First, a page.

While writing and debugging a Frequency Reader firmware with support of a tuning knob, the test-team found out that the FT817 was not able to keep up with fast spins. When the external knob spins, a new frequency is sent over the serial CAT interface. If data is sent too often, the FT817 ignores it. Setting baud rate to 38400 instead of 9600 did not show any improvement.
The annoying part of this behavior is that the FT817 is "left behind" if the external knob is spun fast and abruptly stopped. This causes a mis-alignment of the external display and the actual tuned frequency. Any re-alignment software procedure would either re-tune the radio or change the external display, which does not look nice.
So I came up with a new software routine that does not send data too often, but it uses the fast rotation to increase the step (right now the increase is linear). But but but: how fast does FT817 accept a new frequency, without loosing a bit?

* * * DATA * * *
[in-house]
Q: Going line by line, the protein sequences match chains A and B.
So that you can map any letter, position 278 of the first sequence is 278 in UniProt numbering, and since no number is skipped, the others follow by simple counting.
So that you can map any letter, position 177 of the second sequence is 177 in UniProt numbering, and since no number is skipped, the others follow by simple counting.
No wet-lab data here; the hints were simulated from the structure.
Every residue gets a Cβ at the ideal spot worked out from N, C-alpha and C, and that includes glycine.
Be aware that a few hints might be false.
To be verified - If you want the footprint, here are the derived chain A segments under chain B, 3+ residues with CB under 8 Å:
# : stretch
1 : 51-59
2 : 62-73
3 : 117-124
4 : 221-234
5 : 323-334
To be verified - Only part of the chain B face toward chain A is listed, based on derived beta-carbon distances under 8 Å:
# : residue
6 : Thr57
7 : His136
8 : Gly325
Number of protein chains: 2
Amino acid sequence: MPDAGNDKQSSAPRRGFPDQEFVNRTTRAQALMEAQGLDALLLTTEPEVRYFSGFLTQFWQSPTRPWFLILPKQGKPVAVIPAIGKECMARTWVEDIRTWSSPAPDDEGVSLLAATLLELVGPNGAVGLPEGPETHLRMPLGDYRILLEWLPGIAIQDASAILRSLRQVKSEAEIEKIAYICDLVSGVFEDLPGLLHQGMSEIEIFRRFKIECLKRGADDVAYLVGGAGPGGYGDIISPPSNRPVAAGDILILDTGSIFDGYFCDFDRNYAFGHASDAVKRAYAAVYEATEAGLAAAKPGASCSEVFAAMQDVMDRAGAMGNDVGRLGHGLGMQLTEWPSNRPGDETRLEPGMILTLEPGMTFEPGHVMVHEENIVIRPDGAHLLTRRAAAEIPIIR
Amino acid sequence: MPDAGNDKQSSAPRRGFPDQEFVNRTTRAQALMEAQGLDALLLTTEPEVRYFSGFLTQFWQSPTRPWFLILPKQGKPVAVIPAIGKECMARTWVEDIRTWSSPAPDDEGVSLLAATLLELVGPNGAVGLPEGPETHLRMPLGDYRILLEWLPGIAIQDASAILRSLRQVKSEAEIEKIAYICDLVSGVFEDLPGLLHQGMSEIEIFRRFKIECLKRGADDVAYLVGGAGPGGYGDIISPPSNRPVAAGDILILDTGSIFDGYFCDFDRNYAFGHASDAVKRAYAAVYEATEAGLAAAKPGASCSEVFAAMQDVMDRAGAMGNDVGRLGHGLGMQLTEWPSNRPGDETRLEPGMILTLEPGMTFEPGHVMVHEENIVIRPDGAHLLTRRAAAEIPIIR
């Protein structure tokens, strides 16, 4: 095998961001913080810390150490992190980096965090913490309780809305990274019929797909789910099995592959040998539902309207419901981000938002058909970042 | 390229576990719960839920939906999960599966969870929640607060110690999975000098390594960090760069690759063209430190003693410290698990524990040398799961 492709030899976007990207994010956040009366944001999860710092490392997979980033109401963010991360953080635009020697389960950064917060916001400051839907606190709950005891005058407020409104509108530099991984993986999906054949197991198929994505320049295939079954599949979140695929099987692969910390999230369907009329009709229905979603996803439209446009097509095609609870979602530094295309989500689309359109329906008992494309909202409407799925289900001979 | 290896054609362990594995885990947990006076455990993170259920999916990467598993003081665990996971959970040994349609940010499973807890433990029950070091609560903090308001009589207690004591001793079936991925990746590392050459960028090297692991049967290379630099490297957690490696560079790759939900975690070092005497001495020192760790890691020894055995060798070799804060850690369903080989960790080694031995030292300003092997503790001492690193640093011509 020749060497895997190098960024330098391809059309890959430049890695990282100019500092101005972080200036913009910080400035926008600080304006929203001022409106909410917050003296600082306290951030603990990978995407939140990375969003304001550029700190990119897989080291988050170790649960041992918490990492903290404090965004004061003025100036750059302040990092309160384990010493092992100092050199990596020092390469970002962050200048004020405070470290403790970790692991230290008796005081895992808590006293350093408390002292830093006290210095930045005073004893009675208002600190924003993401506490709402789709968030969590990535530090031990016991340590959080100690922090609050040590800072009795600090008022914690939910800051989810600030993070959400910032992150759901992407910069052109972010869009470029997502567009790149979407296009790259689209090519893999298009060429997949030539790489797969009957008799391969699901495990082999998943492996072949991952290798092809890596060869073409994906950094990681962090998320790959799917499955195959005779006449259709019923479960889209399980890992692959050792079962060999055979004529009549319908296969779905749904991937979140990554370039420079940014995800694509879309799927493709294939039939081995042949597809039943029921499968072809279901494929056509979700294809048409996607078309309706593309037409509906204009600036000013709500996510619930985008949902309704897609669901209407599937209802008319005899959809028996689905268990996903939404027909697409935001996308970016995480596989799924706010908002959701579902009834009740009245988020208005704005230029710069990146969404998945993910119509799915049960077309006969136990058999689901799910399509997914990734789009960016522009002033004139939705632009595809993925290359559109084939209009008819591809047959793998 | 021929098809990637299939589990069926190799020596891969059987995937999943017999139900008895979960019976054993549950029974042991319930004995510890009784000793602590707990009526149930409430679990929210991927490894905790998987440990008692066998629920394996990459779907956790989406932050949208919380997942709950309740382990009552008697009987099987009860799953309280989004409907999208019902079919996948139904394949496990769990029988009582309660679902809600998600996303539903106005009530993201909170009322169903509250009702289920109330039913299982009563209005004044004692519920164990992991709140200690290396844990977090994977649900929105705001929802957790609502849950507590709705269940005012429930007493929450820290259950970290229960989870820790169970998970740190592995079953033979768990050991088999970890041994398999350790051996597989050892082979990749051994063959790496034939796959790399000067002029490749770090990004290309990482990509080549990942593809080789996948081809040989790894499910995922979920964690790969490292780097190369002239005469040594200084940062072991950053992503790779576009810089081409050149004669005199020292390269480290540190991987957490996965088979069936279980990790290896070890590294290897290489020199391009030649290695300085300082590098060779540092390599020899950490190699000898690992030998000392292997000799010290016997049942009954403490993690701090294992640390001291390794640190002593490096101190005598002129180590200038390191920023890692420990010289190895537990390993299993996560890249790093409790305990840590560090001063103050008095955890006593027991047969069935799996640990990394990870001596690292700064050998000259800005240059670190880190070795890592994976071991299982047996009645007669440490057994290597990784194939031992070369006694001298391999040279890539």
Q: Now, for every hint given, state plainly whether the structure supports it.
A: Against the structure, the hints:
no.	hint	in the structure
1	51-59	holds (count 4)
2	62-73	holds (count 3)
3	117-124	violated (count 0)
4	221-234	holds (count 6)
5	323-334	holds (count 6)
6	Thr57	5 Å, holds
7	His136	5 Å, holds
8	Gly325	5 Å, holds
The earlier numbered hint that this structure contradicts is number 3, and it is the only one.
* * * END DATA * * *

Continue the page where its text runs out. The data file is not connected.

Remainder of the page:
So I wrote a simple firmware that sends 200 frequency increments at a steady rate, each loop with a shorter delay between updates. Starting at 100ms (+ some uC time) down to 0ms, the "safe self-imposed delay" was determined to be 90ms (+ uC data processing, less than 1ms). Please note that this delay within the radio CPU applies to all those computer programs that interact with the FT-8x7 via the CAT interface (excellent HRD probably being the most popular).
Given the result of this simple experiment, the Frequency Reader Knob will send updates at a safe rate of 1 every 100ms. And vary step accordingly.
The "CAT reaction speed test" firmware is based on the Frequency Reader circuit, it requires at least an ATmega48 chip and it is available on request for those that want to repeat the test on their equipment (FT-8x7).